National Security In The Online World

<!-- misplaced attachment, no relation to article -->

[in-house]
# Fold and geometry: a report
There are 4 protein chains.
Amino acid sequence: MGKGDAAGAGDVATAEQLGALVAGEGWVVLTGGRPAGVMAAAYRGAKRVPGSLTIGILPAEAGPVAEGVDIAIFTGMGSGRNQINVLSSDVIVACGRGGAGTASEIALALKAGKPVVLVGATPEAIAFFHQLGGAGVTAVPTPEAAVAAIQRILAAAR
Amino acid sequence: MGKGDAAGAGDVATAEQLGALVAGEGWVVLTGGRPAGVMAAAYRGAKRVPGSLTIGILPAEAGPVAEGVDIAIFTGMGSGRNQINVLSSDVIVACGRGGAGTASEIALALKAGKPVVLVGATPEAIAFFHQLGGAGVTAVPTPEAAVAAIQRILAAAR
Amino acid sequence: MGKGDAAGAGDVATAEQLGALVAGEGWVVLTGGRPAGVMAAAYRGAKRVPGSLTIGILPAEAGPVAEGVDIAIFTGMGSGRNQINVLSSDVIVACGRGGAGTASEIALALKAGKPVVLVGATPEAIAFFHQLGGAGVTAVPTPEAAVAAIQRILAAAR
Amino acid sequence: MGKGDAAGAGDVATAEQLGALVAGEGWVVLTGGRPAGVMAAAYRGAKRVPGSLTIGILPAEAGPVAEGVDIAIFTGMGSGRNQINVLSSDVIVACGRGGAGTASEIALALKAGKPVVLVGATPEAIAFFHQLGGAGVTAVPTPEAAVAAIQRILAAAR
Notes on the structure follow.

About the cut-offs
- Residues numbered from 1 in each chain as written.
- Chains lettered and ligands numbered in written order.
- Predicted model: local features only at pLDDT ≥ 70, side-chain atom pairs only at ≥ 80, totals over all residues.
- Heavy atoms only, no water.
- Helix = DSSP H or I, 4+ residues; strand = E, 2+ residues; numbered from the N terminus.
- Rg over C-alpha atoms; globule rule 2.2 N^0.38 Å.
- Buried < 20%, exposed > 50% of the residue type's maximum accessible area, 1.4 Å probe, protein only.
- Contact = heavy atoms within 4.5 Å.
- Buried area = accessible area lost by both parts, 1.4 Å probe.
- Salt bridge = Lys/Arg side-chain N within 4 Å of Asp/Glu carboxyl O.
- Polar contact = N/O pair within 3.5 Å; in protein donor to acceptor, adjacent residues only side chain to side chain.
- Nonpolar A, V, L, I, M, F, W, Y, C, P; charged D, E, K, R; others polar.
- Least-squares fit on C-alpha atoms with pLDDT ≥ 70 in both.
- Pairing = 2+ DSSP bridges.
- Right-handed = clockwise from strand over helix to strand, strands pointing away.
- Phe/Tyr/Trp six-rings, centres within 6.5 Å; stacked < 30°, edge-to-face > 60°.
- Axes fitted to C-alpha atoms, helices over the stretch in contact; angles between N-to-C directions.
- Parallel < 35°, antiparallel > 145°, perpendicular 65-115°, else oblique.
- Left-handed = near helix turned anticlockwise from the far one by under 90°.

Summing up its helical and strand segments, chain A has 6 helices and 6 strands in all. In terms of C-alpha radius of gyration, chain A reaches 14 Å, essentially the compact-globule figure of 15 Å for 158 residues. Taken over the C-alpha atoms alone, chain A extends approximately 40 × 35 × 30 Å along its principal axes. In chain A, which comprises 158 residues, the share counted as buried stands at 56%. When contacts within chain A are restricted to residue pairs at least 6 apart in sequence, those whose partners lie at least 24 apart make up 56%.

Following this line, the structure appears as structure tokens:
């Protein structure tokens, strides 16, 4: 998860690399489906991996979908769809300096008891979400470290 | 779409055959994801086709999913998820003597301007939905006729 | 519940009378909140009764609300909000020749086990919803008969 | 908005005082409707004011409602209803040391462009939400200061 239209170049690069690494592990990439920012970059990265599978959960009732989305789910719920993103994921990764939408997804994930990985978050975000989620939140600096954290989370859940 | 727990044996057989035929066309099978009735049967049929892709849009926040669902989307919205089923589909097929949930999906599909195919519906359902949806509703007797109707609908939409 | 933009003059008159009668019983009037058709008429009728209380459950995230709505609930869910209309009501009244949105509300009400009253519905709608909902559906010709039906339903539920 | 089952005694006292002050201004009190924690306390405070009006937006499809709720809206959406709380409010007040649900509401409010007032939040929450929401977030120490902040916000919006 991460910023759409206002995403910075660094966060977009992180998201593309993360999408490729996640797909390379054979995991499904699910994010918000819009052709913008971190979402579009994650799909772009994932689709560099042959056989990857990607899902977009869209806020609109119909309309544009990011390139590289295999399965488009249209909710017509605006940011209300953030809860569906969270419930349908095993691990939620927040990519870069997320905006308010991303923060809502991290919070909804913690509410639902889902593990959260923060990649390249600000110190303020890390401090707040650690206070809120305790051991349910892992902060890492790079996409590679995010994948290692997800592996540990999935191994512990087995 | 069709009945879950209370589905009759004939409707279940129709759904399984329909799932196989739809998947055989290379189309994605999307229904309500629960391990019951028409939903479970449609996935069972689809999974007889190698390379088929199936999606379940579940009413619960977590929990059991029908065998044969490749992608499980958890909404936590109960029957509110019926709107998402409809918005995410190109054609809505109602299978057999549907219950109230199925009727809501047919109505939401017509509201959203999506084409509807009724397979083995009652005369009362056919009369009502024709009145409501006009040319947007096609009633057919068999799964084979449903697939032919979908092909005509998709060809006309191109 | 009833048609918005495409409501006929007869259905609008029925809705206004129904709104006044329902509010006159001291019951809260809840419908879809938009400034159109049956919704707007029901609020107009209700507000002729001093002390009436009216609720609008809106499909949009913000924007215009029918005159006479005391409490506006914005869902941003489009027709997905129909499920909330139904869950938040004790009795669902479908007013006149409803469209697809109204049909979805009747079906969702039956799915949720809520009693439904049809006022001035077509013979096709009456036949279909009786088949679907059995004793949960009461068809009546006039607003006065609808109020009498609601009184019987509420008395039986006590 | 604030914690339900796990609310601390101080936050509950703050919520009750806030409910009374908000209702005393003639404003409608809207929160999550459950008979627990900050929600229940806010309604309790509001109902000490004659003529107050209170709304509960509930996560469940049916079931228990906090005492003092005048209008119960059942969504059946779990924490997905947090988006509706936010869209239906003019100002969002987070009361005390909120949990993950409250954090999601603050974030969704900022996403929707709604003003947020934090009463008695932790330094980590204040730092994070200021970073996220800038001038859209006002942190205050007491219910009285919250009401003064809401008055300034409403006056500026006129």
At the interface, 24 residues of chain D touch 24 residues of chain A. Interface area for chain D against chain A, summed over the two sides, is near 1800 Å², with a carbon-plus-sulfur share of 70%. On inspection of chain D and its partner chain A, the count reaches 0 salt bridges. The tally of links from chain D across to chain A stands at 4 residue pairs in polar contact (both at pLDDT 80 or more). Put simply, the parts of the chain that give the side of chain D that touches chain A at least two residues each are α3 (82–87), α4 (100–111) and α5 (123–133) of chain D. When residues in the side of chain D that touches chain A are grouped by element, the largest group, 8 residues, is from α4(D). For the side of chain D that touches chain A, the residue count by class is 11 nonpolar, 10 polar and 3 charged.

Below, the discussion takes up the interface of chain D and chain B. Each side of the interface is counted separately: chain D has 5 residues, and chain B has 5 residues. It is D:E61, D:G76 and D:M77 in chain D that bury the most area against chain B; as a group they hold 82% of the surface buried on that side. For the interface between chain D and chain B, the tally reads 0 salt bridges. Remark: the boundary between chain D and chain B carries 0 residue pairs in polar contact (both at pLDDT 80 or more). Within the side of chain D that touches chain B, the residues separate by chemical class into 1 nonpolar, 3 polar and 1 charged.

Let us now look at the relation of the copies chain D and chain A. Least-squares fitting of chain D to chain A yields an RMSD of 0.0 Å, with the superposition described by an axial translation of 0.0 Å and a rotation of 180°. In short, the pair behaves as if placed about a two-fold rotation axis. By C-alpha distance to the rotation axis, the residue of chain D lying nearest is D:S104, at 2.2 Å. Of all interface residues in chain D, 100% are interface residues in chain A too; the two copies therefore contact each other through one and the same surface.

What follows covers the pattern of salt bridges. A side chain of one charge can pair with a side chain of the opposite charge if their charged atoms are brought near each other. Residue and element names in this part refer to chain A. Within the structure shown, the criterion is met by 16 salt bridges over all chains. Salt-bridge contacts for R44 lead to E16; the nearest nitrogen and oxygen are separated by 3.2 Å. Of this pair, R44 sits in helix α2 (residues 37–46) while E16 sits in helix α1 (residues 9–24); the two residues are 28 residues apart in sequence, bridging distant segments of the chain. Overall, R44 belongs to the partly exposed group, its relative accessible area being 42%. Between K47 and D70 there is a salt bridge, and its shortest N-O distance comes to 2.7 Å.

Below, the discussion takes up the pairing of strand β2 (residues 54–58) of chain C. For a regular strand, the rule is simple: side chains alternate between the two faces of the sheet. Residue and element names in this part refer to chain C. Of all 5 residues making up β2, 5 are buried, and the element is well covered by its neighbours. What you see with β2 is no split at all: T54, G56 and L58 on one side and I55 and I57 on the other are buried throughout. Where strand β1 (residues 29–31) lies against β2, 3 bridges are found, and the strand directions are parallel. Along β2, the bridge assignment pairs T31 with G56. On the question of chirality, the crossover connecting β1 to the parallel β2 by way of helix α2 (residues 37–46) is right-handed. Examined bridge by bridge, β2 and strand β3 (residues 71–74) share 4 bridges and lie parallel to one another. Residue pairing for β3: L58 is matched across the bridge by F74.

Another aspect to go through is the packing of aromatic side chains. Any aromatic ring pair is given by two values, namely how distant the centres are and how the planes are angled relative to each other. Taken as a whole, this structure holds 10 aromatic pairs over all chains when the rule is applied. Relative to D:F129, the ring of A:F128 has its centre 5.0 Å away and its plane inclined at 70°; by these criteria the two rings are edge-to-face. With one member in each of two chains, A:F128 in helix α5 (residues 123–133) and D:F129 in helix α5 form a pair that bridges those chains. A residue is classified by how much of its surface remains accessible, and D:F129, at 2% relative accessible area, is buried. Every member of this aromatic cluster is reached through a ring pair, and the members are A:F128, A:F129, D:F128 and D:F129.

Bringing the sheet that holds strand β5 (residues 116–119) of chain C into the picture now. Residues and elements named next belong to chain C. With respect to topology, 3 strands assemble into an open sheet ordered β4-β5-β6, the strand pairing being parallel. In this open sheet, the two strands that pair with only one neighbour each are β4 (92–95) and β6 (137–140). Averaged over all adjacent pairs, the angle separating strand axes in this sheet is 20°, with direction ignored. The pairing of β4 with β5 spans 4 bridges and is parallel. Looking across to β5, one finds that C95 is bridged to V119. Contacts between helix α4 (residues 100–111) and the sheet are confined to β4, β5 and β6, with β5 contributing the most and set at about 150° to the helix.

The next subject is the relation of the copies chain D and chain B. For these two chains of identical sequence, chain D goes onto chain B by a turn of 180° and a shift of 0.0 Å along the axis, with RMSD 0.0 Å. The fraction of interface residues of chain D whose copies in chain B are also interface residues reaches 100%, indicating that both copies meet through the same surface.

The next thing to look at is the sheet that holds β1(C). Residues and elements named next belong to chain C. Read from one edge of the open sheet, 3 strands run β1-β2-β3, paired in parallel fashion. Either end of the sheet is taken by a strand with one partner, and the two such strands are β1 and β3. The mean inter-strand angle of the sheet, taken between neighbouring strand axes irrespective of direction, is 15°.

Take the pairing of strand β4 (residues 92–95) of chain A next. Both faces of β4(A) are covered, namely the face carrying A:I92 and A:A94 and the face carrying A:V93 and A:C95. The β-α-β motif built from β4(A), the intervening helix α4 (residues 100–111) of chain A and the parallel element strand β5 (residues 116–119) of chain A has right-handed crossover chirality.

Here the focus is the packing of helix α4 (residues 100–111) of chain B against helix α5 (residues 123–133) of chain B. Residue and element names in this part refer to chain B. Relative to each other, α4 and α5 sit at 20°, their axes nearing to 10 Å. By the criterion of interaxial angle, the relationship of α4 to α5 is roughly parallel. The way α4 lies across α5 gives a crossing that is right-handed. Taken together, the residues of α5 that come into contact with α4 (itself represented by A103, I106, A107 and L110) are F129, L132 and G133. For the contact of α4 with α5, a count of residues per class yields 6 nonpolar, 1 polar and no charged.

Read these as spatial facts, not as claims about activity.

Richard Cohen has an interesting piece in today’s Washington Post on the Wikileaks story. His point? In an online world, where not everyone plays by old school rules, government secrets will get posted once they’re leaked. Don’t expect Wikileaks, Gawker, the Drudge Report or countless other online outlets to exercise self restraint. And if they don’t, the mainstream media is bound to publish its own version of the story, which will include references to the secret stuff. And so, trying to punish the messengers – even the ones we don’t like that much (looking at you Julian Assange) – is ultimately pointless. The focus, at least according to Cohen should be on rooting out the government insiders who do the initial leaking. Hard to argue with that point. But it’s also hard to argue with the sense that, without the Wikileaks, some valuable information might never see the light of day. Check out Anne Applebaum’s Washington Post column. She notes that some of the Wikileaks information detailed serious corruption in the Putin government. But on the day of the leaks, Appelbaum notes, ” the main state television channel reported that the Moscow River had frozen, that sharks attacked Russian tourists in Egypt, and that drunken truck drivers transport nuclear weapons in the United States.” Not a peep about a corrupt government. So how do Russian citizens learn the truth without the leaks? Food for thought.